by Eric D. Snider
Released: September 18, 2009
Good news, zeitgeist watchers! Diablo Cody has descended from the mountaintop to bestow new slang upon us! Henceforth, "jealous" shall be rendered "Jell-O," as in, "You're so Jell-O of me!" AND THUS IT IS.
The "Juno" scribe's sophomore effort, the bloody horror comedy "Jennifer's Body," doesn't have much to offer beyond quirky dialogue, though -- and even that feels strained, as if Cody is trying too hard to copy herself. For every line clever enough to inspire a chuckle there are two more that make me think, "Really, Diablo? Ugh."
The title character, portrayed with campy conviction by "Transformers" hottie Megan Fox -- this may well be the part she was born to play -- is a high school vixen whose feminine wiles and sexual prowess have made her the object of every boy's lust and every girl's awe. Jennifer's best friend since childhood is a wallflower named Needy Lesnicky (Amanda Seyfried), who has a nice-enough boyfriend, Chip (Johnny Simmons), and lives vicariously through Jennifer's escapades.
They all live in a small, nondescript town that's rocked by a tragedy one night, and while Jennifer wasn't injured in the accident, she starts behaving differently afterward. To be specific, she shows signs of being both evil and, um, carnivorous. Needy is chagrined by this. Some other people are harmed in far worse ways by it.
(Tangent: "Needy" is presumably a nickname, but still: "Needy Lesnicky" doesn't sound like a person; it sounds like an insult. "You're such a Needy Lesnicky!" I can hear someone like Jennifer saying exasperatedly. And is your writing so weak that you have to actually NAME your protagonist "Needy" in order to get the point across?)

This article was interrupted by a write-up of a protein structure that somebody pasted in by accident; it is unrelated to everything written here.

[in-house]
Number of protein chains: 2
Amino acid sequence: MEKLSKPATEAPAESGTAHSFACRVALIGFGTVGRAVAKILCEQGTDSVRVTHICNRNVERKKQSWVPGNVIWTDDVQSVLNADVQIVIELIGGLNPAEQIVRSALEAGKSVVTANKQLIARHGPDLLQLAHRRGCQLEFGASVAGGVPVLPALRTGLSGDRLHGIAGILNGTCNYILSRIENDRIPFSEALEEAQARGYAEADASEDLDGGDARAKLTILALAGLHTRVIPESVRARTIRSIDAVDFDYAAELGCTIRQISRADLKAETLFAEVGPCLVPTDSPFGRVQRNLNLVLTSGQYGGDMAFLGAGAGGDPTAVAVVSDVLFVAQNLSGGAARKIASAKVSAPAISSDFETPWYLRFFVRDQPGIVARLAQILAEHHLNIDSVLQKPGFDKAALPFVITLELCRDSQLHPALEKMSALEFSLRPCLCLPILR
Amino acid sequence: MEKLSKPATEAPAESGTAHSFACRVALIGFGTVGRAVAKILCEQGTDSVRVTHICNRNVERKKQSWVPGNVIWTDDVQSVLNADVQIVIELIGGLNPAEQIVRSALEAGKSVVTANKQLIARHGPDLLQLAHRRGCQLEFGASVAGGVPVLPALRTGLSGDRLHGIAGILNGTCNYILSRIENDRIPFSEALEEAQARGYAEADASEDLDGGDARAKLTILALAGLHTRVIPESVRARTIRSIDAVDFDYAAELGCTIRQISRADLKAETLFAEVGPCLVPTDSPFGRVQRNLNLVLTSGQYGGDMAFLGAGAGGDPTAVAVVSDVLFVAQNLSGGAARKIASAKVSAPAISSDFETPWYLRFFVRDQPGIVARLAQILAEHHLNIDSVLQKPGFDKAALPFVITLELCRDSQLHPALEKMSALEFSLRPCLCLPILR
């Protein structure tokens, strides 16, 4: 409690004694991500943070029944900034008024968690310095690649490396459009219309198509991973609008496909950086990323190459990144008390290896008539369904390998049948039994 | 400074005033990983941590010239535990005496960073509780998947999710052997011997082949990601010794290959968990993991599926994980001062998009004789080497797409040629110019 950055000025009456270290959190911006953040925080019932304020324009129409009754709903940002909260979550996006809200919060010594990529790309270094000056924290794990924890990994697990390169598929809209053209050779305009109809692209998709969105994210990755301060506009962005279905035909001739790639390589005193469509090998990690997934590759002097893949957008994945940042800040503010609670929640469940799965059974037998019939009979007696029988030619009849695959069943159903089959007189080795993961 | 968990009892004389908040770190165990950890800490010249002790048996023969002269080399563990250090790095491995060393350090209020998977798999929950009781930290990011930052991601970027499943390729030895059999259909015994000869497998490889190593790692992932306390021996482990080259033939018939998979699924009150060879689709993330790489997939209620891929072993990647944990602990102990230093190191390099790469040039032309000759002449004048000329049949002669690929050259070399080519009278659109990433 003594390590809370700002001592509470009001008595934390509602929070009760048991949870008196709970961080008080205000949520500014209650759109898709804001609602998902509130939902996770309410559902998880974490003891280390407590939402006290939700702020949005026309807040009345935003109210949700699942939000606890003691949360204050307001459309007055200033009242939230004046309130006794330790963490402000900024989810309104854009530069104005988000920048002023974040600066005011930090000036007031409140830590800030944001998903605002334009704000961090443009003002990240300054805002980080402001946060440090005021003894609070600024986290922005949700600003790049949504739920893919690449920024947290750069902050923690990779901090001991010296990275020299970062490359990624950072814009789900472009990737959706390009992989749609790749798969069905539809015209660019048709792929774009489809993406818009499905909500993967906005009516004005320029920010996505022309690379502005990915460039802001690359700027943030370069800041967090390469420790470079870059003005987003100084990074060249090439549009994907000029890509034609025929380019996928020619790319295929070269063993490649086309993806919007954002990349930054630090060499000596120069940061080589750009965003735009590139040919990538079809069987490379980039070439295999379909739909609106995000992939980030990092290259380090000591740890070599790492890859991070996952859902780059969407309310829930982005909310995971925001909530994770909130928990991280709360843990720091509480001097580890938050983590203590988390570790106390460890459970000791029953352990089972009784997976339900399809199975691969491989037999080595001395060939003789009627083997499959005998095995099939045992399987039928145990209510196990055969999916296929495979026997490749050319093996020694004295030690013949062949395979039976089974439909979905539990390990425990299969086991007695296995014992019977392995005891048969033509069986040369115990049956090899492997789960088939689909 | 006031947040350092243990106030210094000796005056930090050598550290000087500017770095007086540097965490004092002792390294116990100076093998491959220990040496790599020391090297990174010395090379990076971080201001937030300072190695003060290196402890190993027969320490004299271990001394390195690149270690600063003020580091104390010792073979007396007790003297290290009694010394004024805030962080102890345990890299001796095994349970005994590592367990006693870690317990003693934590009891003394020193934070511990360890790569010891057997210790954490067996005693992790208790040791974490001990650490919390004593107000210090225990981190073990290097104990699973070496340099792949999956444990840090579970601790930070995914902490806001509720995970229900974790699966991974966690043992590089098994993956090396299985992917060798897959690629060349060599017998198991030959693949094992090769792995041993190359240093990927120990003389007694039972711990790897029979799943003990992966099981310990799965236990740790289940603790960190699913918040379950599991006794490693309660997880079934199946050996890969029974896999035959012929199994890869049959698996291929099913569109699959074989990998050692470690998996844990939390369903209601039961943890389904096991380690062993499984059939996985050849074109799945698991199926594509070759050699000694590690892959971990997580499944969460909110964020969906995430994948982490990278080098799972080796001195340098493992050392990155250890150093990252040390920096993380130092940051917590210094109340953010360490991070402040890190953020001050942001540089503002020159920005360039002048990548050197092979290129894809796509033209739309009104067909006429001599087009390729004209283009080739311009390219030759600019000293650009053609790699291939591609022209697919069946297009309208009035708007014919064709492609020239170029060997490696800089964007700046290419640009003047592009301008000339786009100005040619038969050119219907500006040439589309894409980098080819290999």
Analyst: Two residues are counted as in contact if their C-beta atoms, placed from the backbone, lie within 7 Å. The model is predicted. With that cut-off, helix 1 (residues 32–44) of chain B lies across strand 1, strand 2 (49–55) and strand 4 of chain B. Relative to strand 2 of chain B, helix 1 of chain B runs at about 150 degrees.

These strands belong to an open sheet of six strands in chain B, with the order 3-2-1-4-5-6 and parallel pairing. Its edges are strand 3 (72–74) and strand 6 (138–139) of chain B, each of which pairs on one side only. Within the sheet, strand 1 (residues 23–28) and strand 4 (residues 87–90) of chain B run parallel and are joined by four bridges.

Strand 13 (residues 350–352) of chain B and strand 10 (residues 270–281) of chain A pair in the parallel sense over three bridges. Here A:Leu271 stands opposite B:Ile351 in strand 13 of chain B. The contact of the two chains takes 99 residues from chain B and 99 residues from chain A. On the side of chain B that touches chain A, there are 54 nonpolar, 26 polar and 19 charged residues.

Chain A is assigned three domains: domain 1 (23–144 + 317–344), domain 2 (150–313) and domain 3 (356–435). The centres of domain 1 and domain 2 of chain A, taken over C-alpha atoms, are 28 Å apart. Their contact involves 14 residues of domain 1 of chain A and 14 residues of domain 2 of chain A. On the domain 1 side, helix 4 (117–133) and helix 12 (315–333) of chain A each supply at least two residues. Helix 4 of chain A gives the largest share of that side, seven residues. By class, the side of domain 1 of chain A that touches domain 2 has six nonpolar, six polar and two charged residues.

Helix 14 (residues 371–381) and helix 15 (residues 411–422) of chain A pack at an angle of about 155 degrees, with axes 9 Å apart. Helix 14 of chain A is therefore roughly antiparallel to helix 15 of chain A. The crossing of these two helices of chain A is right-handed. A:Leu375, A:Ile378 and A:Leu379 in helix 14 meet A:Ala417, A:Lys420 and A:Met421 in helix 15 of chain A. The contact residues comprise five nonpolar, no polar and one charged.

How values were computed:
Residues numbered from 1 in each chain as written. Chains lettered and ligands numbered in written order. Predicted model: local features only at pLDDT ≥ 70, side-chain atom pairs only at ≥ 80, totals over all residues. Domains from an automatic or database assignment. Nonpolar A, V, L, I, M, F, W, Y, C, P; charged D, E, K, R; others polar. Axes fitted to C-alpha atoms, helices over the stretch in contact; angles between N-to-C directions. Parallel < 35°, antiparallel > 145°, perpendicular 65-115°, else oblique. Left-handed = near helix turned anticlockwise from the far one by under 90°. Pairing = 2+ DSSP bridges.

I believe the intent is that Jennifer's literal evilness will serve as a metaphor for adolescent angst; the film's first words are Needy telling us that "hell is a teenage girl." We get the idea, but the metaphor falls flat. I kept thinking of "Buffy the Vampire Slayer" (created by another self-conscious quirkmeister, Joss Whedon), which did the high-school-demon thing a lot better, with more insight, humor, and humanity. "Jennifer's Body" is cluttered and unfocused, occasionally funny, somewhat interesting, never scary. What's the purpose of the mysterious waterfall to nowhere? Why is J.K. Simmons doing a goofy "Fargo" accent as the school's lone administrator, and why does he have a hook for a hand? How does the origin of Jennifer's evilness fit in with the teen-angst metaphor? What is this all supposed to add up to?
This is the third girl-power movie for director Karyn Kusama, following "Girlfight" and "Aeon Flux," but her influence is barely felt. It's really Diablo Cody's movie, and it's her quirks and obsessions on display, for better or worse. What felt fresh and original two years ago, in "Juno," has lost its luster now; despite being entirely unrelated except for having the same screenwriter, "Jennifer's Body" feels like a retread. I'm afraid this is one more doodle that can't be undid, home skillet.
Rated R, moderate harsh profanity, a lot of blood and gore, some rather strong sexuality
1 hr., 42 min.
Copyright © Eric D. Snider.
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